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A Comparison of the Passion Narratives of the Gospels of Matthew and John - Essay Example

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The researcher states that there are various similarities between the Gospels of Matthew and John, namely the general agreement on the sequence of events as well as the occasional references to the Old Testament to reflect the idea that Jesus’ passion and death serve to fulfill the Scriptures.
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A Comparison of the Passion Narratives of the Gospels of Matthew and John
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A Comparison of the Passion Narratives of the Gospels of Matthew and John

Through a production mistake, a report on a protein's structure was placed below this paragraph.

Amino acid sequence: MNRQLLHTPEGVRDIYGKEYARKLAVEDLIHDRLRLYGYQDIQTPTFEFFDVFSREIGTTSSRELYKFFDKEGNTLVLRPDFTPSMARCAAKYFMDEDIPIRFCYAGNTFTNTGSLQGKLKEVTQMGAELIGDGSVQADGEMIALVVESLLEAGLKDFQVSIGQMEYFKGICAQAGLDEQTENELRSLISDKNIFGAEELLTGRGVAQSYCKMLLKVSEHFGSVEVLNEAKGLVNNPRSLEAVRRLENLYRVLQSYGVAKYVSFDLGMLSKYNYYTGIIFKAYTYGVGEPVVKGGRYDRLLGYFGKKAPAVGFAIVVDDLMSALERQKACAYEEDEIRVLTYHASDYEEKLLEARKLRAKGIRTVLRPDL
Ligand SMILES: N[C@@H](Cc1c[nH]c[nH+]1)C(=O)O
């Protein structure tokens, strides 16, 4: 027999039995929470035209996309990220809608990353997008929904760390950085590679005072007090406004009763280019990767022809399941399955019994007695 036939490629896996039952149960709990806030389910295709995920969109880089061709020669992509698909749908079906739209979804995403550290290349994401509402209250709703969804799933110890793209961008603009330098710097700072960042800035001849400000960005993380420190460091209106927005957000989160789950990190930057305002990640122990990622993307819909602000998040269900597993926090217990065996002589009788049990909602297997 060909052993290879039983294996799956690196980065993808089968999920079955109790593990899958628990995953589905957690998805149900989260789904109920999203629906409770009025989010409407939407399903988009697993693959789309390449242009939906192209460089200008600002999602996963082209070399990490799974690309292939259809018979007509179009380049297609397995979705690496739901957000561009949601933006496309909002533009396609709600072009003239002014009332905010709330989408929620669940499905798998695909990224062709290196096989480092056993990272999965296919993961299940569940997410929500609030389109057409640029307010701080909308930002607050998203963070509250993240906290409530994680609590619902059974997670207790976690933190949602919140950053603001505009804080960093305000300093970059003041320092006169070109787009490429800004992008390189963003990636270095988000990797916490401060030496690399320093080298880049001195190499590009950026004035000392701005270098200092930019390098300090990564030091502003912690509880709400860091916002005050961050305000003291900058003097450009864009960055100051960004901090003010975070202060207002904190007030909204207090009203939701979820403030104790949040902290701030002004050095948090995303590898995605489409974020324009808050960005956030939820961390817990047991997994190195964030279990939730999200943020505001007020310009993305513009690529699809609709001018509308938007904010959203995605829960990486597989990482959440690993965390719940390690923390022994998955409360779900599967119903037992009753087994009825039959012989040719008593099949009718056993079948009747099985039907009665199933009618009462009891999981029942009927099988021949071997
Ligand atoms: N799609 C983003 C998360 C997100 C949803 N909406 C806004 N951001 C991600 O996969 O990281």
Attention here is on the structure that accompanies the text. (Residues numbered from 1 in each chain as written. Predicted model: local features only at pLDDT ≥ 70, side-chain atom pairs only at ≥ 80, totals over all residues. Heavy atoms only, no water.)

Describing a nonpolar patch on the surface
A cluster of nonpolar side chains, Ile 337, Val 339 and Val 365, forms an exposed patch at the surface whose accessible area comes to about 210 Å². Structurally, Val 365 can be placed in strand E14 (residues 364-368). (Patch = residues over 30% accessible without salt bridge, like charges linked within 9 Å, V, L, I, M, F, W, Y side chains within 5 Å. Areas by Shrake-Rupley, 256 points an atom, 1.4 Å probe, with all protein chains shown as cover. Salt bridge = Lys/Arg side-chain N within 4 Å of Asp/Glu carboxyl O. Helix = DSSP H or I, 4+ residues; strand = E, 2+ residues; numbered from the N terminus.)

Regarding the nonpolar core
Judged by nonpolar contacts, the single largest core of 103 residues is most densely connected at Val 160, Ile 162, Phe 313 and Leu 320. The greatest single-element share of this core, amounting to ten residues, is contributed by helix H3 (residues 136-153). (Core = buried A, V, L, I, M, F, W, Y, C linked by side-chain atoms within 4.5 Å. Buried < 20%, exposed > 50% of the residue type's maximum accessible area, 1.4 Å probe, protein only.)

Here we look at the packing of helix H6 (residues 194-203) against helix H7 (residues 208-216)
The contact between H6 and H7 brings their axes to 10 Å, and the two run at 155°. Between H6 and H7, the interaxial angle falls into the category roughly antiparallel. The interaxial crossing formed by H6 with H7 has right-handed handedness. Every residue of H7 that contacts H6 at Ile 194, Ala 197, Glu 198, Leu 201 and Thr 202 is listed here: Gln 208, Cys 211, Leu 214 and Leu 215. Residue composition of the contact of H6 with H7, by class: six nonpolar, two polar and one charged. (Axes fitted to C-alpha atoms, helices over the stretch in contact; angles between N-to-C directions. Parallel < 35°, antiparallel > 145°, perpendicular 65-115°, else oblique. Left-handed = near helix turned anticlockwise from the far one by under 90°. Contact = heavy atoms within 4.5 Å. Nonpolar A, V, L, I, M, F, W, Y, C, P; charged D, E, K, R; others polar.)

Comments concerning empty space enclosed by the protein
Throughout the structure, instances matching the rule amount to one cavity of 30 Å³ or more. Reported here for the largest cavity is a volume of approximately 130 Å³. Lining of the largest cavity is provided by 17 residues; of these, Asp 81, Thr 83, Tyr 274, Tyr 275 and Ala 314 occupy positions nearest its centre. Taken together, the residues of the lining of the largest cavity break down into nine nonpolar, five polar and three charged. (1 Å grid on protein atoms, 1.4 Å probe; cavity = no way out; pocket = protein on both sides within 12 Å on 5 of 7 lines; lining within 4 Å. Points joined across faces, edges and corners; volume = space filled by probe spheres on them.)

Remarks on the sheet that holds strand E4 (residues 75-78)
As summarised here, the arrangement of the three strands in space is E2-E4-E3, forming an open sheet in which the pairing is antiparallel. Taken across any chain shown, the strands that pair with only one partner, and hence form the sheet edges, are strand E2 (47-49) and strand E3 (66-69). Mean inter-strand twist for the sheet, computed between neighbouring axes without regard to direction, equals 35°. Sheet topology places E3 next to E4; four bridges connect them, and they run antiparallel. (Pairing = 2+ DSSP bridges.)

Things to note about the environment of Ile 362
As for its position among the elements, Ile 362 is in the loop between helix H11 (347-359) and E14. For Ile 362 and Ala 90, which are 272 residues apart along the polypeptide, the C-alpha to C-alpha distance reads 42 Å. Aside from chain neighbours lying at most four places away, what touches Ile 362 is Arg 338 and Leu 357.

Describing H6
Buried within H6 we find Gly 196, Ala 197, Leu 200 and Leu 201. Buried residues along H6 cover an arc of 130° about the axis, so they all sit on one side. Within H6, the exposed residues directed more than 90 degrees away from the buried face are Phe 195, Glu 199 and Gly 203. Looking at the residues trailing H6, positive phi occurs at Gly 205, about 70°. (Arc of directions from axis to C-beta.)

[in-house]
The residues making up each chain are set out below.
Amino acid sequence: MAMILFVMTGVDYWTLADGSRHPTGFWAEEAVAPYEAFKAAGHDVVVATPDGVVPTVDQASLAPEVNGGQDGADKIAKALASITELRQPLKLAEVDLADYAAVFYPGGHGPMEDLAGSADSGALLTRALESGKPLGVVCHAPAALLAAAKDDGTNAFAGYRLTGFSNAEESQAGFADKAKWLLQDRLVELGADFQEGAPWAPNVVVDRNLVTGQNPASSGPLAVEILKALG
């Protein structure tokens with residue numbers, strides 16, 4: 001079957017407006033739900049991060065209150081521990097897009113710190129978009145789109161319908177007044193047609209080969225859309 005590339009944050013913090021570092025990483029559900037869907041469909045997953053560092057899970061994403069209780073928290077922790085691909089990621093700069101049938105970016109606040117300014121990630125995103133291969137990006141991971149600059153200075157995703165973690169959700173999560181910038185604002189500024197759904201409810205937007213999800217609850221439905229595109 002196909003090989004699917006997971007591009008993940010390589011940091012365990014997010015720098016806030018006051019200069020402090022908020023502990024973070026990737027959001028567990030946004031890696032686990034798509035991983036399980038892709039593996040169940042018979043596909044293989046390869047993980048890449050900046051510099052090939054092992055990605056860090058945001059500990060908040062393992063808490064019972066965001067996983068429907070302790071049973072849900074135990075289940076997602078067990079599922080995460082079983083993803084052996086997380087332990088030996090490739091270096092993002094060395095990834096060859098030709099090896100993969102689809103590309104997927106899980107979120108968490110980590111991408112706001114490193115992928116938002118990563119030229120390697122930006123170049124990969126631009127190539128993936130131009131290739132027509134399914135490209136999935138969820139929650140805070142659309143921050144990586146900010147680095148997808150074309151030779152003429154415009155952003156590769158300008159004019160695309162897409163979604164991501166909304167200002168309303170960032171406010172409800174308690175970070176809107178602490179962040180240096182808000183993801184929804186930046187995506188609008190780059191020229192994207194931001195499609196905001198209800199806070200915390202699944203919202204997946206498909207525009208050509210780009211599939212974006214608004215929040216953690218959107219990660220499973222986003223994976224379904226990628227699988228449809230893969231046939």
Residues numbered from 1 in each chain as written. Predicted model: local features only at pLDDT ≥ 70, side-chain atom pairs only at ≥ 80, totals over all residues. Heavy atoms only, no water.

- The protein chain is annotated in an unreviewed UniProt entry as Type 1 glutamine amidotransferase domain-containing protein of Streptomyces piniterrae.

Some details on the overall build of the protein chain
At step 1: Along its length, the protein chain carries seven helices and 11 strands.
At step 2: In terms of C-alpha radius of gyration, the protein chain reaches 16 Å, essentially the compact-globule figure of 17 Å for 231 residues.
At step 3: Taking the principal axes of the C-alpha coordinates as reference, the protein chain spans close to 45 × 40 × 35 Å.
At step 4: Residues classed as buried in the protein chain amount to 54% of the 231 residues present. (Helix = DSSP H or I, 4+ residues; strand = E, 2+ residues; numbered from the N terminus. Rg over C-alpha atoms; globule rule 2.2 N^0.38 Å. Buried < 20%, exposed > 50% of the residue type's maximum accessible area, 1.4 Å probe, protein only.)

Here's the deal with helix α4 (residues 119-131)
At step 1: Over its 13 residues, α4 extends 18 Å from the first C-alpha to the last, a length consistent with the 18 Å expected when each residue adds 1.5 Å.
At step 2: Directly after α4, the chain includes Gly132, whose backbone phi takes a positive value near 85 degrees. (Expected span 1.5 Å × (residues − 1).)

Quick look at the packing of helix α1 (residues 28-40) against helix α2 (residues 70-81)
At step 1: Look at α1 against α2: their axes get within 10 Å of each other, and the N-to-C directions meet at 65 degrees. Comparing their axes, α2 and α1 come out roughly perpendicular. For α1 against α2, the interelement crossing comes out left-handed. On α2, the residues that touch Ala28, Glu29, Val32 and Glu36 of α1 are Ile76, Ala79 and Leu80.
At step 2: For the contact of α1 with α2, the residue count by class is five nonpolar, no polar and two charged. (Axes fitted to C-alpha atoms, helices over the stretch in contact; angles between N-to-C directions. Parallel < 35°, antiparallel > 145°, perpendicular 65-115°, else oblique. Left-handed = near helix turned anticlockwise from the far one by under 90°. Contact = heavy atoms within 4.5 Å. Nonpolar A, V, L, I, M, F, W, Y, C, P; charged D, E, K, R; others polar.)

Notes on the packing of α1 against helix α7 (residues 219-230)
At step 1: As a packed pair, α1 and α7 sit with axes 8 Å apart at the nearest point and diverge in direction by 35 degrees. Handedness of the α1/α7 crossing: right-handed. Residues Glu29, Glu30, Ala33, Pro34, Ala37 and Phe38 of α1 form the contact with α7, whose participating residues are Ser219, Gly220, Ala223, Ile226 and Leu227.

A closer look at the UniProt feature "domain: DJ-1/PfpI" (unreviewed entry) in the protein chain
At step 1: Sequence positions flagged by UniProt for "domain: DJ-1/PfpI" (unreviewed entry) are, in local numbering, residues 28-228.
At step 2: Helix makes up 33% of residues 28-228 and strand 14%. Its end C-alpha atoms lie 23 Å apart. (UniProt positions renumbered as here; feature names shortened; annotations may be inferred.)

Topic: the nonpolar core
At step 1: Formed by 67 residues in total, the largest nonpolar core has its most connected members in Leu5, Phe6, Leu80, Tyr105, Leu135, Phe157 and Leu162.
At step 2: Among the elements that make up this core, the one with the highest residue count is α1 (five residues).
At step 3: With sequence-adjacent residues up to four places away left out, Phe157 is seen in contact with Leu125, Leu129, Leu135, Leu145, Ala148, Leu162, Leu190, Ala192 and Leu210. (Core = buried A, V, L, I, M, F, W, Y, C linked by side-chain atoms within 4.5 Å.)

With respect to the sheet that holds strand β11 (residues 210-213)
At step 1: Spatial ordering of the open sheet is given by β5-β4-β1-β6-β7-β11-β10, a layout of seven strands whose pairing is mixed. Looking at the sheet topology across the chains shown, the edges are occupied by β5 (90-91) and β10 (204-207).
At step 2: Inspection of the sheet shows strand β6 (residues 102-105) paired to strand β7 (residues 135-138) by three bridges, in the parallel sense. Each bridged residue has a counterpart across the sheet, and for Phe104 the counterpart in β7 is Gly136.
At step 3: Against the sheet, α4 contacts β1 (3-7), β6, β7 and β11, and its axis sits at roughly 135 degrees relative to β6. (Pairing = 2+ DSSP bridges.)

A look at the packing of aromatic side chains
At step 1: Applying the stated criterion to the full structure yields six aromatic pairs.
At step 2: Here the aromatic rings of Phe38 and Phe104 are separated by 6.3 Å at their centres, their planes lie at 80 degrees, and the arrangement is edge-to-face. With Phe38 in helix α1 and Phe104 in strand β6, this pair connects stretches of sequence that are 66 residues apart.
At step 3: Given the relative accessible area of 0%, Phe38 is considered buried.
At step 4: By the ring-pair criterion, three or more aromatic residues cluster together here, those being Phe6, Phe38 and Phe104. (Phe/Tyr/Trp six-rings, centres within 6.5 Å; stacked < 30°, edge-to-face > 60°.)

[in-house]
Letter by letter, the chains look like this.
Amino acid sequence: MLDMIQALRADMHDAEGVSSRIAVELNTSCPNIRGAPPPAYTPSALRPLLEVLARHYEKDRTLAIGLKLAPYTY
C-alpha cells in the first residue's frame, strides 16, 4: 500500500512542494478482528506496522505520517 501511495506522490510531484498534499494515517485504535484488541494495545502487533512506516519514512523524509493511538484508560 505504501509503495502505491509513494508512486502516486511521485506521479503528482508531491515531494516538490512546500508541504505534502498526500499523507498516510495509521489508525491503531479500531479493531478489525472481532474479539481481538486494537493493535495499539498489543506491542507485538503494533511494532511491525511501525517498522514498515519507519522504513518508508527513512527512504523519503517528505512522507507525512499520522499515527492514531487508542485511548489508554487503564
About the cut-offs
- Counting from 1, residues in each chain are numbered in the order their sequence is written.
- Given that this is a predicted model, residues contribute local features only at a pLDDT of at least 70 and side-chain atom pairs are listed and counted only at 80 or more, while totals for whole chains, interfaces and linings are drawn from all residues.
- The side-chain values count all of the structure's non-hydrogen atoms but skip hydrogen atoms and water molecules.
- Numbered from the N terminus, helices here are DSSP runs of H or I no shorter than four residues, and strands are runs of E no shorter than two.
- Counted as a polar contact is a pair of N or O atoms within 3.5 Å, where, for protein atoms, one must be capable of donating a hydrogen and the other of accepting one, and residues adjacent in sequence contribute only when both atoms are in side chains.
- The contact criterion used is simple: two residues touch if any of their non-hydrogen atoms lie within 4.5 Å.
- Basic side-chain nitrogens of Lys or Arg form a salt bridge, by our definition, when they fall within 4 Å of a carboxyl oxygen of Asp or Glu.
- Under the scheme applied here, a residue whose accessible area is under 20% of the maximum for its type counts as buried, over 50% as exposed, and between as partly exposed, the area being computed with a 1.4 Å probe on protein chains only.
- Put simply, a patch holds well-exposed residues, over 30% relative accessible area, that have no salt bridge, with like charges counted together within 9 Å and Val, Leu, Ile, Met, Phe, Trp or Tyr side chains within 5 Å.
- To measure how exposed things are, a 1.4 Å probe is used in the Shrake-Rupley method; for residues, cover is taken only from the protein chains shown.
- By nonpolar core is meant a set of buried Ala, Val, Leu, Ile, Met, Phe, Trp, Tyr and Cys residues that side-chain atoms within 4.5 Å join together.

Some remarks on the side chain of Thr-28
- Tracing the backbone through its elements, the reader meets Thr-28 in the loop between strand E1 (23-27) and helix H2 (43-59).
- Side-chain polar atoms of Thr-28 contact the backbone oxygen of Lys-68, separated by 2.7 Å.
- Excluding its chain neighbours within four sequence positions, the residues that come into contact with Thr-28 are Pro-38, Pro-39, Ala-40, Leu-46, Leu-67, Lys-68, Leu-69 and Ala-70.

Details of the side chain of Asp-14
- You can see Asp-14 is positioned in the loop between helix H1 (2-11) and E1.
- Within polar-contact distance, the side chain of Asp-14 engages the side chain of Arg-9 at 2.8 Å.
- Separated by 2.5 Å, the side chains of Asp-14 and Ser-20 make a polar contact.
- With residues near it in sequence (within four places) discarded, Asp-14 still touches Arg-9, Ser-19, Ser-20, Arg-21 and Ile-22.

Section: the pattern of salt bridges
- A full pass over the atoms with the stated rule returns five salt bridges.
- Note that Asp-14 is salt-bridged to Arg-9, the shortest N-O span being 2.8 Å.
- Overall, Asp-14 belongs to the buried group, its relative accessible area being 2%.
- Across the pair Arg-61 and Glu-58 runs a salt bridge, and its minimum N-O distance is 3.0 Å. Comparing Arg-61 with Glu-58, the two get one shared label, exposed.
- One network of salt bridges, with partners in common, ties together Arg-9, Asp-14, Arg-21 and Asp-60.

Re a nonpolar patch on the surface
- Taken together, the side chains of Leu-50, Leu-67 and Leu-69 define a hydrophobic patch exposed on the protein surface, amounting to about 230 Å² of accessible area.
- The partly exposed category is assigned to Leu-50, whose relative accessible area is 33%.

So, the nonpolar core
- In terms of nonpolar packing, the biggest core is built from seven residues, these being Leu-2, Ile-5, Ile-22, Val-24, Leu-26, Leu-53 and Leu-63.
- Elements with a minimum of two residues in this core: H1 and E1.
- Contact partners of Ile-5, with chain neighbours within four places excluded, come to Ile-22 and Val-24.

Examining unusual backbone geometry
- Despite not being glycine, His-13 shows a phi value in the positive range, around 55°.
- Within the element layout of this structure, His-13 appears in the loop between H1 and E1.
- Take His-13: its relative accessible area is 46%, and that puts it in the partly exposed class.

Download file to see previous pages... The paper throws light on the Passion of Jesus, which refers to the sufferings that the Lord has experienced from the moment He is arrested at Gethsemane to His Death on the cross, is told in all four Gospels. In the Gospel of Matthew, it can be found in Matthew 26:47-27:61 and in the Gospel of John it is found in John 18:1-19:42. These two Gospels both have similarities and differences on the account of the Passion. Furthermore, a number of these similarities and differences may have profound theological implications. One of the differences between the Gospels is when it comes to the arrest of Jesus where Matthew gives a longer account of the events while John gives a shorter one and does not mention any kiss of betrayal from Judas. In all three synoptic Gospels including Matthew, Judas turns to the crowd he is with and gives them a signal saying “The man I kiss is the one you want. Arrest him!”. Judas then approaches Jesus and says, “Peace be with you, Teacher!” but to which Jesus replies, “Be quick about it, friend”. John, on the other hand, never mentions any exchange of words between Jesus and Judas, who was mentioned to be just standing with the crowd, but rather only between the former and the crowd of soldiers themselves. Jesus asks them, “Who is it you are looking for?” and when they say “Jesus of Nazareth”, Jesus replies, “If, then, you are looking for me, let these others go”. The role of Judas in the Gospel of John during the arrest is not underlined and is presumably a minor one. Upon the arrest of Jesus, a disciple of His cuts off the ear of the High Priest’s slave with a sword. While in Matthew the disciple and the slave are both unnamed, John identifies them as Simon Peter and Malchus. It is also interesting to note that in the Gospel of Matthew, Jesus reprimands the disciple who is assumed to be Peter, by saying, “Put your sword back in its place…All who take the sword will die by the sword.” (Matt. 26:52) On the trial of Jesus, the Gospel of John mentions that Jesus has first been taken to Annas, the father-in-law of Caiaphas, who was the High Priest that year (Jn. 18:13). Nevertheless, the Gospel of Matthew mentions of no such thing. Although John does not indicate whether the trial of Jesus before Annas is visible to the crowd, the complete account is found in John 18:19-24. Based on John’s narration of the trial, it is interesting to note that Jesus seems to defy Annas’ authority by saying, “”I have always spoken publicly to everyone…Why, then do you question me? Question the people who heard me…they know what I said” (Jn. 18:20-21). After which, Jesus is taken to Caiaphas, which both John and Matthew mentions. Nevertheless, it is Matthew who gives a rather full account of Jesus’ trial before Caiaphas. Perhaps one of the most important statements of Jesus stated by Matthew is this: “From this time on you will see the Son of Man sitting at the right side of the Almighty and coming on the clouds of heaven” (Matt. 26:64), which Caiaphas himself considers blasphemous. During the death sentence of Jesus that follows, it is interesting to note that, according to Matthew, Pilate’s wife sends him a message while he is sitting in the judgment hall right after Jesus’ trial. The message of Pilate’s wife says, “Have nothing to do with that innocent man, because in a dream last night I suffered much on account of Him” (Matt. 27:19). Nevertheless, John does not mention of such a message. Moreover, while Matthew mentions nothing of where Jesus has been presented during the death sentence, John makes reference to “The Stone Pavement” or “Gabbatha.” (Jn. 19:13) Another striking difference between the Gospels of Matthew and John when it comes to the events surrounding the crucifixion is the fact that John ...Download file to see next pagesRead More
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